keywords = "Anthocyanins; cianydin; flavonoids, total phenolics; cherry; functional food, digestion; bioavailability; maturity; ripening.",
author = "{Di Marco}, Luigi and Livrea, {Maria Antonia} and Luisa Tesoriere and Marco Fazzari and Lana Fukumoto and Marco Fazzari and Giuseppe Mazza",
year = "2008",
language = "English",
volume = "56 (10)",
pages = "3561--3568",
journal = "Journal of Agricultural and Food Chemistry",
issn = "0021-8561",
publisher = "American Chemical Society",

}

TY - JOUR

T1 - In Vitro Bioavailability of Phenolic Compounds from Five Cultivars of Frozen Sweet Cherries (Prunus avium L.)

AU - Di Marco, Luigi

AU - Livrea, Maria Antonia

AU - Tesoriere, Luisa

AU - Fazzari, Marco

AU - Fukumoto, Lana

AU - Fazzari, Marco

AU - Mazza, Giuseppe

PY - 2008

Y1 - 2008

N2 - The bioavailability of phenolic compounds from five cultivars of frozen sweet cherries was assessed by a digestion process involving pepsin-HCl digestion (to simulate gastric digestion) and pancreatin digestion with bile salts (to simulate small intestine conditions) and dialyzed to assess serum- and colon-available fractions. After pepsin digestion, the % recovery of total phenolics, relative to the original starting material, increased, whereas the % anthocyanins did not change. Following pancreatic digestion and dialysis, the total phenolics in the IN (serum-available) fraction was about 26–30% and the OUT (colon-available) fraction was about 77–101%. The anthocyanin content in the IN fraction was 15–21%, and in the OUT fraction, it was 52–67%. Skeena, Lapins, and Sweetheart cultivars contained higher levels of total phenolics and anthocyanins, which resulted in higher concentrations of these compounds in the IN and OUT fractions. The potential bioavailability of phenolic compounds was also assessed in Bing and Lapins cultivars at three ripening stages. Immature cherries had higher % total phenolics in the IN fraction than mature or overmature cherries. However, immature cherries had the lowest concentrations of these compounds, making the actual bioavailable amounts of these compounds lower than for mature and overmature fruit. High-performance liquid chromatography analysis of Lapins cherries at three maturity stages confirmed the results obtained using spectrophotometric methods for total phenolics and anthocyanins.

AB - The bioavailability of phenolic compounds from five cultivars of frozen sweet cherries was assessed by a digestion process involving pepsin-HCl digestion (to simulate gastric digestion) and pancreatin digestion with bile salts (to simulate small intestine conditions) and dialyzed to assess serum- and colon-available fractions. After pepsin digestion, the % recovery of total phenolics, relative to the original starting material, increased, whereas the % anthocyanins did not change. Following pancreatic digestion and dialysis, the total phenolics in the IN (serum-available) fraction was about 26–30% and the OUT (colon-available) fraction was about 77–101%. The anthocyanin content in the IN fraction was 15–21%, and in the OUT fraction, it was 52–67%. Skeena, Lapins, and Sweetheart cultivars contained higher levels of total phenolics and anthocyanins, which resulted in higher concentrations of these compounds in the IN and OUT fractions. The potential bioavailability of phenolic compounds was also assessed in Bing and Lapins cultivars at three ripening stages. Immature cherries had higher % total phenolics in the IN fraction than mature or overmature cherries. However, immature cherries had the lowest concentrations of these compounds, making the actual bioavailable amounts of these compounds lower than for mature and overmature fruit. High-performance liquid chromatography analysis of Lapins cherries at three maturity stages confirmed the results obtained using spectrophotometric methods for total phenolics and anthocyanins.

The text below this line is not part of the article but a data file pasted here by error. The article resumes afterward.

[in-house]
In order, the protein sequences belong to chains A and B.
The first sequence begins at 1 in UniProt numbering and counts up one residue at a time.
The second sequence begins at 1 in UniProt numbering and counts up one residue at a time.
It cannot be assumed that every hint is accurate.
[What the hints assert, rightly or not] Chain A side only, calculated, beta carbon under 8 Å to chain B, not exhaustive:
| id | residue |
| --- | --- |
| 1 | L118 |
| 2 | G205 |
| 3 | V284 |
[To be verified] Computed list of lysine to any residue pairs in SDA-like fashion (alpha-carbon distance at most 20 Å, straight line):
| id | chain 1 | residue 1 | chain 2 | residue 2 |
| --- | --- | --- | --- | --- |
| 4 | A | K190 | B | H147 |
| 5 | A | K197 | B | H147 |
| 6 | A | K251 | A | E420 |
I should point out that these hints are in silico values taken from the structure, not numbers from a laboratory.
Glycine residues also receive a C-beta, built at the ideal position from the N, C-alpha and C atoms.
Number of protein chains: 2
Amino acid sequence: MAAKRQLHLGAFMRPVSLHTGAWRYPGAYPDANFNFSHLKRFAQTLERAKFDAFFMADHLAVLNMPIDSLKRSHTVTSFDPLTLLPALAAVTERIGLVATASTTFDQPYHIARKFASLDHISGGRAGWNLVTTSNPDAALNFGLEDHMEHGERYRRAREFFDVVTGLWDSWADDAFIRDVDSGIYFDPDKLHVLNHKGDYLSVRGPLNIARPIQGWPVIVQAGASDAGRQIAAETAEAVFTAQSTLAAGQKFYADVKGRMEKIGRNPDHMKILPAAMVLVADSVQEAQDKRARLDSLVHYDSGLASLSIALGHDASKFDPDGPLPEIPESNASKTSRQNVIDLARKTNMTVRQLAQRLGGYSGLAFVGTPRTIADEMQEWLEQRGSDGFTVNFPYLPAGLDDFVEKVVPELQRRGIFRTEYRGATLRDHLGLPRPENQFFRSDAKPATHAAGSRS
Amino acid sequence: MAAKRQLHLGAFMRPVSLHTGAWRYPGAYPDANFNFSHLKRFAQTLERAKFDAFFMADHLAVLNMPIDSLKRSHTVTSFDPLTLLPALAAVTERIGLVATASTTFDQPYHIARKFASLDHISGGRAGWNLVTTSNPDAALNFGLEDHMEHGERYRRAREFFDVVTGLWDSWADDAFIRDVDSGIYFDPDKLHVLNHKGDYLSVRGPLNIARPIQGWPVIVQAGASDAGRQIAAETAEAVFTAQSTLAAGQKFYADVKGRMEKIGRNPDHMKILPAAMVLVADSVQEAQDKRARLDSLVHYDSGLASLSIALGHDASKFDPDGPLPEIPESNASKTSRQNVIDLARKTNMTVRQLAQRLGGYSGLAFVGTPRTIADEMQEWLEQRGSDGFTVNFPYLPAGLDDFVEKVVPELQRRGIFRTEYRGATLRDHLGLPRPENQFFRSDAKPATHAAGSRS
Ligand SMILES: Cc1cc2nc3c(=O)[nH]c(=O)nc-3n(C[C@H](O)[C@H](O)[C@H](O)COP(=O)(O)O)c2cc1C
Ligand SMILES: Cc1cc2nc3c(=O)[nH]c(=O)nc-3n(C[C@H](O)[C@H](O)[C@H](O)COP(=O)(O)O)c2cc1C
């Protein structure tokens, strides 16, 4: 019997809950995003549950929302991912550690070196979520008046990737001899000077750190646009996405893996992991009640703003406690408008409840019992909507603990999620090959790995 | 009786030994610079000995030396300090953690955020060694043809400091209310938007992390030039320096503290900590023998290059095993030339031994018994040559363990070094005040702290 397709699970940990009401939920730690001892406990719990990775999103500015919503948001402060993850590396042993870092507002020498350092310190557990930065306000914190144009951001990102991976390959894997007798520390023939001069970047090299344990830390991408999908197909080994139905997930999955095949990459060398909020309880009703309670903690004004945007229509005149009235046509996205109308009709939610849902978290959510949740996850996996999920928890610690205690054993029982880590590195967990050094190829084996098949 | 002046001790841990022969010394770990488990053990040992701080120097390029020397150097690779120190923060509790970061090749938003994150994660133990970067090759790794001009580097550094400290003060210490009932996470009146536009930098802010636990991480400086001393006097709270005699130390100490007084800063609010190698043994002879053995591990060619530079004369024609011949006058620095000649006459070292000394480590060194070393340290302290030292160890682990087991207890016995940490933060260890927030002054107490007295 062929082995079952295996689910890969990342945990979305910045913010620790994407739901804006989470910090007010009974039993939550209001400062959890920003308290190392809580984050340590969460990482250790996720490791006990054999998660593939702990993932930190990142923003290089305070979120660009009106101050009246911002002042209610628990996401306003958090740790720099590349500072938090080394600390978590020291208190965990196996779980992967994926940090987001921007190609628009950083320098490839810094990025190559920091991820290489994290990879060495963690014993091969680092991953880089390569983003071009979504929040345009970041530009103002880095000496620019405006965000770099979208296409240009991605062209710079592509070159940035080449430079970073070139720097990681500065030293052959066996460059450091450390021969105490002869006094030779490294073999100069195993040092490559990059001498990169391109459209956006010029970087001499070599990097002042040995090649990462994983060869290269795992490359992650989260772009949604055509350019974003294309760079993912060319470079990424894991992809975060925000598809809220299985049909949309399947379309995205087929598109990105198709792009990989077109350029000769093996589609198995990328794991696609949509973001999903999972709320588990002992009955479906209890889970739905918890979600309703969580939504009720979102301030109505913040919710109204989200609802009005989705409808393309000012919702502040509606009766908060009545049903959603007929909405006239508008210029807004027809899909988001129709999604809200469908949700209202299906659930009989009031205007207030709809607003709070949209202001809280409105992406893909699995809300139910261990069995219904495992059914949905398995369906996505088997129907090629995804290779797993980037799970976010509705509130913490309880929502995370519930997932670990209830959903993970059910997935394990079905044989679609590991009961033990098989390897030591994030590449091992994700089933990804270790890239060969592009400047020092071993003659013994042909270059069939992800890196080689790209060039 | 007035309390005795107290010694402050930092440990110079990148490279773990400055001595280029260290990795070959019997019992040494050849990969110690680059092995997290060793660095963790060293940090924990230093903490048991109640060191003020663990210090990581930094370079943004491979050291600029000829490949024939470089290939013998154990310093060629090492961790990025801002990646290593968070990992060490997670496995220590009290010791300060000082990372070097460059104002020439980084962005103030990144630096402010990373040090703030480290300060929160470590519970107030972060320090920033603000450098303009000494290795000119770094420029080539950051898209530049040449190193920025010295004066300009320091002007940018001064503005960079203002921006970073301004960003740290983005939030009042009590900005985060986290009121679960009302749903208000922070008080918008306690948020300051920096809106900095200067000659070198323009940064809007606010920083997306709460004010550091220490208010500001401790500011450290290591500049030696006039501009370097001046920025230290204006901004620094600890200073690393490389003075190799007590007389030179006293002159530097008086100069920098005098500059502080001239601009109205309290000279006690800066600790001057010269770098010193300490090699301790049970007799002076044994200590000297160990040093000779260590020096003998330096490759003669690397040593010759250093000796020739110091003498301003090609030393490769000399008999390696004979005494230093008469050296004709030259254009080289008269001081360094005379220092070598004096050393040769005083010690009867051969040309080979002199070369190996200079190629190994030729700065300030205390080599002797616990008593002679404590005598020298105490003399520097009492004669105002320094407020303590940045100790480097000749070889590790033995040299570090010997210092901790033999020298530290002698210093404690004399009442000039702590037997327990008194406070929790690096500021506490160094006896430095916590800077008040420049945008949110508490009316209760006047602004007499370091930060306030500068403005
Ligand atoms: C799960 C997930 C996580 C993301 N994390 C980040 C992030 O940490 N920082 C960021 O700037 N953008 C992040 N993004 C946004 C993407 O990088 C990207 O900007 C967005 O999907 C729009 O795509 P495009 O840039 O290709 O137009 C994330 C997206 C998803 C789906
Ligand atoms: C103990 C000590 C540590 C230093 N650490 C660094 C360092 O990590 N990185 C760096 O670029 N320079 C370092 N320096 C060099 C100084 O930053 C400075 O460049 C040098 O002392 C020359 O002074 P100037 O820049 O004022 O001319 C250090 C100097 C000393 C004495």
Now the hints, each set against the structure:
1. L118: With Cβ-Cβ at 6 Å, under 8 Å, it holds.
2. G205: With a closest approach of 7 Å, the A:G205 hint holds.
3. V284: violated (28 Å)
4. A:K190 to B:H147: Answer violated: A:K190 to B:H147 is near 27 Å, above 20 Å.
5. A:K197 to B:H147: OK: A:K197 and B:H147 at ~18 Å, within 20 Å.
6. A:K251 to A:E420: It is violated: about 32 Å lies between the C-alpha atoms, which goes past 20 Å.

KW - Anthocyanins; cianydin; flavonoids, total phenolics; cherry; functional food, digestion; bioavailability; maturity; ripening.

UR - http://hdl.handle.net/10447/48415

M3 - Article

VL - 56 (10)

SP - 3561

EP - 3568

JO - Journal of Agricultural and Food Chemistry

JF - Journal of Agricultural and Food Chemistry

SN - 0021-8561

ER -